In Monday’s edition of The Jolt, Sam looks at a new tax initiative at COP28 that aims to scale up climate finance from hundreds of millions to hundreds of billions, plus clean power enjoys its time in the sun at the Dubai summit

Read more

The Jolt: We’re going daily

In Friday’s edition of The Jolt, we make a very special announcement that our listeners will not want to miss, plus we bring you all the latest developments from the COP28 climate summit

Read more

Transforming heavy transport with smart solutions and new income sources

The electrification of trucks and buses is a global imperative, but it is a transition with challenging grid constraints and high investment needs. Spirii CEO Tore Harritshøj emphasises the importance of innovative, localised solutions to expedite the shift towards e-mobility

Read more

Philippa Nuttall, Technology

Any way the wind blows

The shipping sector is drifting towards decarbonisation as it tries to determine which combination of alternative fuels is best

The power of COP28 for co-operation and co-creation

Multiple flight plans

The Jolt: Ready, steady, grids

Methane in the membrane

The Jolt: Ireland’s climate finance call

Putting the “net” in net zero emissions

The private sector’s key role

A hydrogen alternative

How cities navigate the green transition

The Jolt: Taking a chainsaw to climate action

The Jolt: Mind the gap

What our editors are reading

Salt caverns for hydrogen storage


The UK should help kickstart the development of salt-cavern hydrogen storage to meet its goal of net zero by 2050, says the Royal Society. Work on constructing the caverns should begin immediately, the new report states, where parts of the UK have the right geology for the storage projects. Large-scale electricity storage is needed to smooth out variations in wind and solar, particularly long-term variations in wind. Storing most of the surplus as hydrogen, in salt caverns, would be the cheapest way of doing this, says the report.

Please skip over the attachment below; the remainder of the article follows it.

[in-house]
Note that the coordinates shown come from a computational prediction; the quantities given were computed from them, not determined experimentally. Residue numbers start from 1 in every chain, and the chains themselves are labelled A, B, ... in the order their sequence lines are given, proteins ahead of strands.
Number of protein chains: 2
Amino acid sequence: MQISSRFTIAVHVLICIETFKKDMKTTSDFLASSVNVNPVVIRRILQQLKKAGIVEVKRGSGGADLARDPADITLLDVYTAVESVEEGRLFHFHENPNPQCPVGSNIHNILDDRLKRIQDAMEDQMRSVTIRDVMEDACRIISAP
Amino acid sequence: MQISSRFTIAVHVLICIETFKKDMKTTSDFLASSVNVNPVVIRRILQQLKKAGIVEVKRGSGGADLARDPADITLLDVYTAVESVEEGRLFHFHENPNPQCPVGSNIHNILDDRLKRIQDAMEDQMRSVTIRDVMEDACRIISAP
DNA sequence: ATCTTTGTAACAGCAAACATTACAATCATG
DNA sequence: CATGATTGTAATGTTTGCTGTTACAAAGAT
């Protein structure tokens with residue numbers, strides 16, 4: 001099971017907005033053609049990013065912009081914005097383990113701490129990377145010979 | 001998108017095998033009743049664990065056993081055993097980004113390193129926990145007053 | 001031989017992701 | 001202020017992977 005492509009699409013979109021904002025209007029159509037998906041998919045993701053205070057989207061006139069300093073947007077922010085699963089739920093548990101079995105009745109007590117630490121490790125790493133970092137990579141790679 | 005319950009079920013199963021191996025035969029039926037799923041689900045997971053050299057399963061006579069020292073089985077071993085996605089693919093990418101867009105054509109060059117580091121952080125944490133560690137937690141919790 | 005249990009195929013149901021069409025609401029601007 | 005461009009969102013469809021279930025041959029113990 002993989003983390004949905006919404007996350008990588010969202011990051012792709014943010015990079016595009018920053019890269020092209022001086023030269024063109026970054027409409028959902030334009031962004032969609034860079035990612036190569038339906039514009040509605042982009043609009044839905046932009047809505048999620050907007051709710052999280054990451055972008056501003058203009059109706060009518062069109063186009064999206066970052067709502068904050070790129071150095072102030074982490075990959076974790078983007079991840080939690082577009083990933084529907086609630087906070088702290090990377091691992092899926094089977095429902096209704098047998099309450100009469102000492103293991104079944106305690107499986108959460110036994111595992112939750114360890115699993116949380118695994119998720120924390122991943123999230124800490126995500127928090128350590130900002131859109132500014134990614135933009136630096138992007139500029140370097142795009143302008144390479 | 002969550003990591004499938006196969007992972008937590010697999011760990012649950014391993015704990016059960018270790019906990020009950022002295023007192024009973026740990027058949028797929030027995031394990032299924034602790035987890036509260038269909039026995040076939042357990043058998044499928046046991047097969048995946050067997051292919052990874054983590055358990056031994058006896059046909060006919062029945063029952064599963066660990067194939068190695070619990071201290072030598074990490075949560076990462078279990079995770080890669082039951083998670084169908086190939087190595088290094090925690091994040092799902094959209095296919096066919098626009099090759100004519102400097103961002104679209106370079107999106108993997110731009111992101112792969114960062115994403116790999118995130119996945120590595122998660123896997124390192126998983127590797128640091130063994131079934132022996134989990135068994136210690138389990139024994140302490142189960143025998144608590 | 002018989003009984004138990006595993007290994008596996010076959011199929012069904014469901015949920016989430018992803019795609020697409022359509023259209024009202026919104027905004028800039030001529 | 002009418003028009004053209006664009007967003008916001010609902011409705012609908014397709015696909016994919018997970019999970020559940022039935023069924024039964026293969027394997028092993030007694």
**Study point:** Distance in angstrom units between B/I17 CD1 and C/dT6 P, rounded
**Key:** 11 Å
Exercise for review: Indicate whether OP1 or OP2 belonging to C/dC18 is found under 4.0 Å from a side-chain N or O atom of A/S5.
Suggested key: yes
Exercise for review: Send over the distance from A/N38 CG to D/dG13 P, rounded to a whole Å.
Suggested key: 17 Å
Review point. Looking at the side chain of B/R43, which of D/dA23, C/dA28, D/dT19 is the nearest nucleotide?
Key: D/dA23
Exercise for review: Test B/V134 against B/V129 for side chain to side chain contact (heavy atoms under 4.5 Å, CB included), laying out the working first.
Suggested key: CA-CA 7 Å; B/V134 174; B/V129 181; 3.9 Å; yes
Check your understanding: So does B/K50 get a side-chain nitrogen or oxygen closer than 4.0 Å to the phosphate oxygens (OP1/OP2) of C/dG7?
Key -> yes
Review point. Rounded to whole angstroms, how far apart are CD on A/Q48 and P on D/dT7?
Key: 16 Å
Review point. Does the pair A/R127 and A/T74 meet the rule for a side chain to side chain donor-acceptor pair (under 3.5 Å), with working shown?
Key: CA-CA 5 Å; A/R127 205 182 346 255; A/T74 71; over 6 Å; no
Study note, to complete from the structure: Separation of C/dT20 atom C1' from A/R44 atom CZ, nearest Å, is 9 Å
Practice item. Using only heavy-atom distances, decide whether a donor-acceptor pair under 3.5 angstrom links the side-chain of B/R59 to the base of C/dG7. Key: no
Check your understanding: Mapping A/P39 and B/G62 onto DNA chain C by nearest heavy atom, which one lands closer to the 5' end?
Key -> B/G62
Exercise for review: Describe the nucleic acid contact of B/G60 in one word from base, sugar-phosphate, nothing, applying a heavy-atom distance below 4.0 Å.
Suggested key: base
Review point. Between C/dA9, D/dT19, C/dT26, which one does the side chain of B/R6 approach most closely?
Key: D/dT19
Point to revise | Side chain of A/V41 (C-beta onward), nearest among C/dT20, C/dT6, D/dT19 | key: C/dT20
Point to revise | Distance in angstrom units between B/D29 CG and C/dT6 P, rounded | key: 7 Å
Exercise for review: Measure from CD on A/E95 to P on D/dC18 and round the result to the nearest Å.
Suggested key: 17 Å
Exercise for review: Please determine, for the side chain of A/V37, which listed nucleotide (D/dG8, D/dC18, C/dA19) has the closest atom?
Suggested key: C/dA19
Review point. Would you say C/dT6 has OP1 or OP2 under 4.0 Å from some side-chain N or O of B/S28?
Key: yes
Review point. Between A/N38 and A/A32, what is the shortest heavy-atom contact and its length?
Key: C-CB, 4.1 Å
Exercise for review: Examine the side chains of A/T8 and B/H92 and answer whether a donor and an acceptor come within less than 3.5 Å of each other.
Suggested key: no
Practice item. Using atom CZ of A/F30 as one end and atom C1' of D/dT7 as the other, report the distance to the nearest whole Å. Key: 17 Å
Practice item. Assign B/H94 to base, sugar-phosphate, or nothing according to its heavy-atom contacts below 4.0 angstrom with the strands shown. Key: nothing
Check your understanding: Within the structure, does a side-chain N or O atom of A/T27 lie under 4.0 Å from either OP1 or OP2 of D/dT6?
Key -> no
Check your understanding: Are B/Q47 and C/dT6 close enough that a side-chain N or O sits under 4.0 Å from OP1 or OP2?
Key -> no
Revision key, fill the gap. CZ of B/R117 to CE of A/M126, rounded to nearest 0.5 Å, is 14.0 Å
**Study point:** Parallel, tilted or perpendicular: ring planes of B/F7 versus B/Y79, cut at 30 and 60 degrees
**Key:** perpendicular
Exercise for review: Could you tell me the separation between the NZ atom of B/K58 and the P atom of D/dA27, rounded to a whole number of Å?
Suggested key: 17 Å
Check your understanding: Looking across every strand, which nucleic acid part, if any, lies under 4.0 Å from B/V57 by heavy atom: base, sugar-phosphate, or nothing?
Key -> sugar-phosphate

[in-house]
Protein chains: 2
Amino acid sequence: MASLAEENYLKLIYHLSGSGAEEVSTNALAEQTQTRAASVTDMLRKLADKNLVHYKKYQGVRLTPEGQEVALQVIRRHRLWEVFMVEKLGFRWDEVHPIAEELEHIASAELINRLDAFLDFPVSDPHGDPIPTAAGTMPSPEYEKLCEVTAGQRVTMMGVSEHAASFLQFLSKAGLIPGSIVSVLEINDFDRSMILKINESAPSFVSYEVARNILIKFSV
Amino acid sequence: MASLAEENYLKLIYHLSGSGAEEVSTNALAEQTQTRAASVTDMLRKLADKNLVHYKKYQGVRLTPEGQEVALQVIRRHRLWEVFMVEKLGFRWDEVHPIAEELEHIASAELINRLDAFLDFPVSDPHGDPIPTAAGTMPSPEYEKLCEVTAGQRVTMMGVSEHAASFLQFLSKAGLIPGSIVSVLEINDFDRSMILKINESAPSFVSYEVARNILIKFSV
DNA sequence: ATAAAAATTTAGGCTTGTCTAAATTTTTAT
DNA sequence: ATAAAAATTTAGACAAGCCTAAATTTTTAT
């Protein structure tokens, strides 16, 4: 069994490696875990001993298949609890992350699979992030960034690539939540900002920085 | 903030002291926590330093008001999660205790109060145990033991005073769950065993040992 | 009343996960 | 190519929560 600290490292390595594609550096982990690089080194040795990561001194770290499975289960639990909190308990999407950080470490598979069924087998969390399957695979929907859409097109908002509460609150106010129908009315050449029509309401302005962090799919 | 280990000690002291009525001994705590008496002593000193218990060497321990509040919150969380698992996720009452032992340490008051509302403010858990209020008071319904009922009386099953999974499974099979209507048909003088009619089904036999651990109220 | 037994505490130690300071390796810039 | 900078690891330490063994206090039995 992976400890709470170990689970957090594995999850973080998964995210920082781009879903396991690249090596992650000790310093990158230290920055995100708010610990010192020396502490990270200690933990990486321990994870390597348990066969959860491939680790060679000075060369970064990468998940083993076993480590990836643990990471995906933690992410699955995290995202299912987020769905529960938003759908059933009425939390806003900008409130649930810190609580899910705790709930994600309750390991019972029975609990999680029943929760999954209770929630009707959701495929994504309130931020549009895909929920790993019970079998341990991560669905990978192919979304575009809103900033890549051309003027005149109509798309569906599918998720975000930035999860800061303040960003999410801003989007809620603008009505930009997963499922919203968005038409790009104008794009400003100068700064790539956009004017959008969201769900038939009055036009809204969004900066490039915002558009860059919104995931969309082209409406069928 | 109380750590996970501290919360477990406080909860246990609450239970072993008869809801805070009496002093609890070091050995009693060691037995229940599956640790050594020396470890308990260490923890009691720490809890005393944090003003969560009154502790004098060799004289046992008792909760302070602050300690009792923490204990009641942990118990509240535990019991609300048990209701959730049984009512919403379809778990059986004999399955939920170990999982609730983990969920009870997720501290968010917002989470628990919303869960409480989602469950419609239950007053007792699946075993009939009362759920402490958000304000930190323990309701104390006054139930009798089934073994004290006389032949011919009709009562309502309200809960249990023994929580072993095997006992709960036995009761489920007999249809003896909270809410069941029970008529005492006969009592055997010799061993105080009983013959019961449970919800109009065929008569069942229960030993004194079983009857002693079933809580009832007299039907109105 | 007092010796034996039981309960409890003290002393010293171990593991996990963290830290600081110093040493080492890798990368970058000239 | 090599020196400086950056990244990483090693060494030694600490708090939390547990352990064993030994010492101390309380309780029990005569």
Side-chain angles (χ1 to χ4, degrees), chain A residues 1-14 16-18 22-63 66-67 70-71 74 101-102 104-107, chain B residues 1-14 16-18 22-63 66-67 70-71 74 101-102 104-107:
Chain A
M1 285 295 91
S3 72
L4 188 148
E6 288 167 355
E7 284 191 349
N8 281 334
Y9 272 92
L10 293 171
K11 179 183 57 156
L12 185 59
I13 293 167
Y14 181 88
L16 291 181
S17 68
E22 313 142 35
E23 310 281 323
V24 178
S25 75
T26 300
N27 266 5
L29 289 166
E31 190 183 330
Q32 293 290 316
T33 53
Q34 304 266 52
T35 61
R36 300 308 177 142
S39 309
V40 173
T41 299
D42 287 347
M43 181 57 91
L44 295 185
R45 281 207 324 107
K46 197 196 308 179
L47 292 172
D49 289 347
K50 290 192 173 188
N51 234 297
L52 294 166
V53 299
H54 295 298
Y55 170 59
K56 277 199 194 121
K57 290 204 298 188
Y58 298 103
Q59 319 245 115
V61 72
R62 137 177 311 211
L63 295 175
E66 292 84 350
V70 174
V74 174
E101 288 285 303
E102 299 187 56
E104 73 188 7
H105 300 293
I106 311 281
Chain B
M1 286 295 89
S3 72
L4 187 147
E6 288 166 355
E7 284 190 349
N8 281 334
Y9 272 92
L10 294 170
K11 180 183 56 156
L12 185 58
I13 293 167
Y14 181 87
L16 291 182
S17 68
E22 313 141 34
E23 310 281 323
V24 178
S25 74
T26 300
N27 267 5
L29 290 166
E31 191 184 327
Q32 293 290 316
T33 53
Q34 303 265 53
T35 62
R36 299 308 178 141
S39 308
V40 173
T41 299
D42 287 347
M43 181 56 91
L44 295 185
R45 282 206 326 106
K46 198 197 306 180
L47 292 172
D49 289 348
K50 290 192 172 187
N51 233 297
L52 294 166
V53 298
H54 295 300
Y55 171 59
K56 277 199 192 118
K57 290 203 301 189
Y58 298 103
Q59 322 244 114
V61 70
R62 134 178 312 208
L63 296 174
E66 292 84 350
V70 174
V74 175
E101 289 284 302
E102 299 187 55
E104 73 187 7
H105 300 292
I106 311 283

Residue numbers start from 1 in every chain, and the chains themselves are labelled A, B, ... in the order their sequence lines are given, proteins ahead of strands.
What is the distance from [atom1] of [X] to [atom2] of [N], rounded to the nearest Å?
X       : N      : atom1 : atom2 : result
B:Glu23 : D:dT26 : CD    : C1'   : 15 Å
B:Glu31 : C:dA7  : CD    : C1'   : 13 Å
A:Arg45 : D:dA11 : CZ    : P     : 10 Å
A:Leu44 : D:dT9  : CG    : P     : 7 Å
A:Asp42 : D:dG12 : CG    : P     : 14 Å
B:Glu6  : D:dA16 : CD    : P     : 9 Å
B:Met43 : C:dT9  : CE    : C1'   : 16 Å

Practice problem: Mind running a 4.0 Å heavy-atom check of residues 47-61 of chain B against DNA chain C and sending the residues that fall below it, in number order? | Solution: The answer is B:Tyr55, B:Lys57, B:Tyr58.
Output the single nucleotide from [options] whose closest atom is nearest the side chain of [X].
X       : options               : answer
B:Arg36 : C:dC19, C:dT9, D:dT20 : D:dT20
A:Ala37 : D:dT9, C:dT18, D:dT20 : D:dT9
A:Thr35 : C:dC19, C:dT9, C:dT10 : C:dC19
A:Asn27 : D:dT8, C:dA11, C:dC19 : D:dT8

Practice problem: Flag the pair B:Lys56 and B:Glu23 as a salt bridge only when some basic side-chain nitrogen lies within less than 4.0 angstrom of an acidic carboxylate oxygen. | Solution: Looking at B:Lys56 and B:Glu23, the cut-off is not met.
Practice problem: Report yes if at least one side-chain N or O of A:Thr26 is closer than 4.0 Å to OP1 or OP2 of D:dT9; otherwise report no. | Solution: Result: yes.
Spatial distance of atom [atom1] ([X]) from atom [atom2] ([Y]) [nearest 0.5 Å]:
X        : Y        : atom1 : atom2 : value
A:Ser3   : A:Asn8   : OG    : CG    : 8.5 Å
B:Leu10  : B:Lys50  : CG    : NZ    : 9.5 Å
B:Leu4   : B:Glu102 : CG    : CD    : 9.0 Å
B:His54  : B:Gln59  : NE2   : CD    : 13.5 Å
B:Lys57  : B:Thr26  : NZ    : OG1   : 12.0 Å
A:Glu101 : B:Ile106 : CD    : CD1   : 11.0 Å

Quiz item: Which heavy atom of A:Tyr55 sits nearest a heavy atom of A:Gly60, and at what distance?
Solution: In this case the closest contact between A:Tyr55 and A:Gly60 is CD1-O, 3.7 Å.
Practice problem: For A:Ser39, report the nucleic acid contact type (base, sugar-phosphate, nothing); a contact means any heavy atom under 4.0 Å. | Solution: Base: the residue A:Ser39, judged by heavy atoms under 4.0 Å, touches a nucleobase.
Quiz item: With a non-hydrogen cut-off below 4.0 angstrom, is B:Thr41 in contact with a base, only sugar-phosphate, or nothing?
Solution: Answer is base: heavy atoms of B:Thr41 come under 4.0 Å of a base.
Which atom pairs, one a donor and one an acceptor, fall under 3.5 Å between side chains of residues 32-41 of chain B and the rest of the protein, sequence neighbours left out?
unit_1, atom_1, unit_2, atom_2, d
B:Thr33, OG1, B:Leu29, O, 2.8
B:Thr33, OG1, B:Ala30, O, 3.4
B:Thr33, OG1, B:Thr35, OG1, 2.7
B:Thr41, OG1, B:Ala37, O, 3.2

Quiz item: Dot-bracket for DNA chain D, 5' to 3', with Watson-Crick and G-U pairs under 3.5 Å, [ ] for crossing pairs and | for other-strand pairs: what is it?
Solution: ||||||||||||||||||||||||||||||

Link to source

US needs to exploit Grid-Enhancing Technologies


The US needs to triple transmission investment and use Grid-Enhancing Technologies (GETs) to support this goal, concludes a white paper by Brattle Group and the Watt Coalition. There are more than 10,000 projects adding up to over two terawatts of new capacity awaiting grid connection. When compared to major new transmission investments, GETs can be implemented much faster and often for a small fraction of the cost. GETs enhance transmission investments, acting more as a tool to augment, akin to a GPS or tire air pressure sensor making driving easier—not by themselves replacing the car.

Link to source

Offshore wind growth accelerates


Offshore wind capacity is expected to grow by 18.4 GW in 2023, a record, with China accounting for over half of this total. By 2030, the annual total will reach 45.7 GW, mainly due to the mature markets of China, the UK, Germany and the Netherlands, but emerging markets such as the US, Taiwan, France, South Korea, Poland and Japan will also make significant contributions. From 2031 to 2035, the report says that installations will average 45.6 GW per year, peaking at 48.2 GW in 2035.

Link to source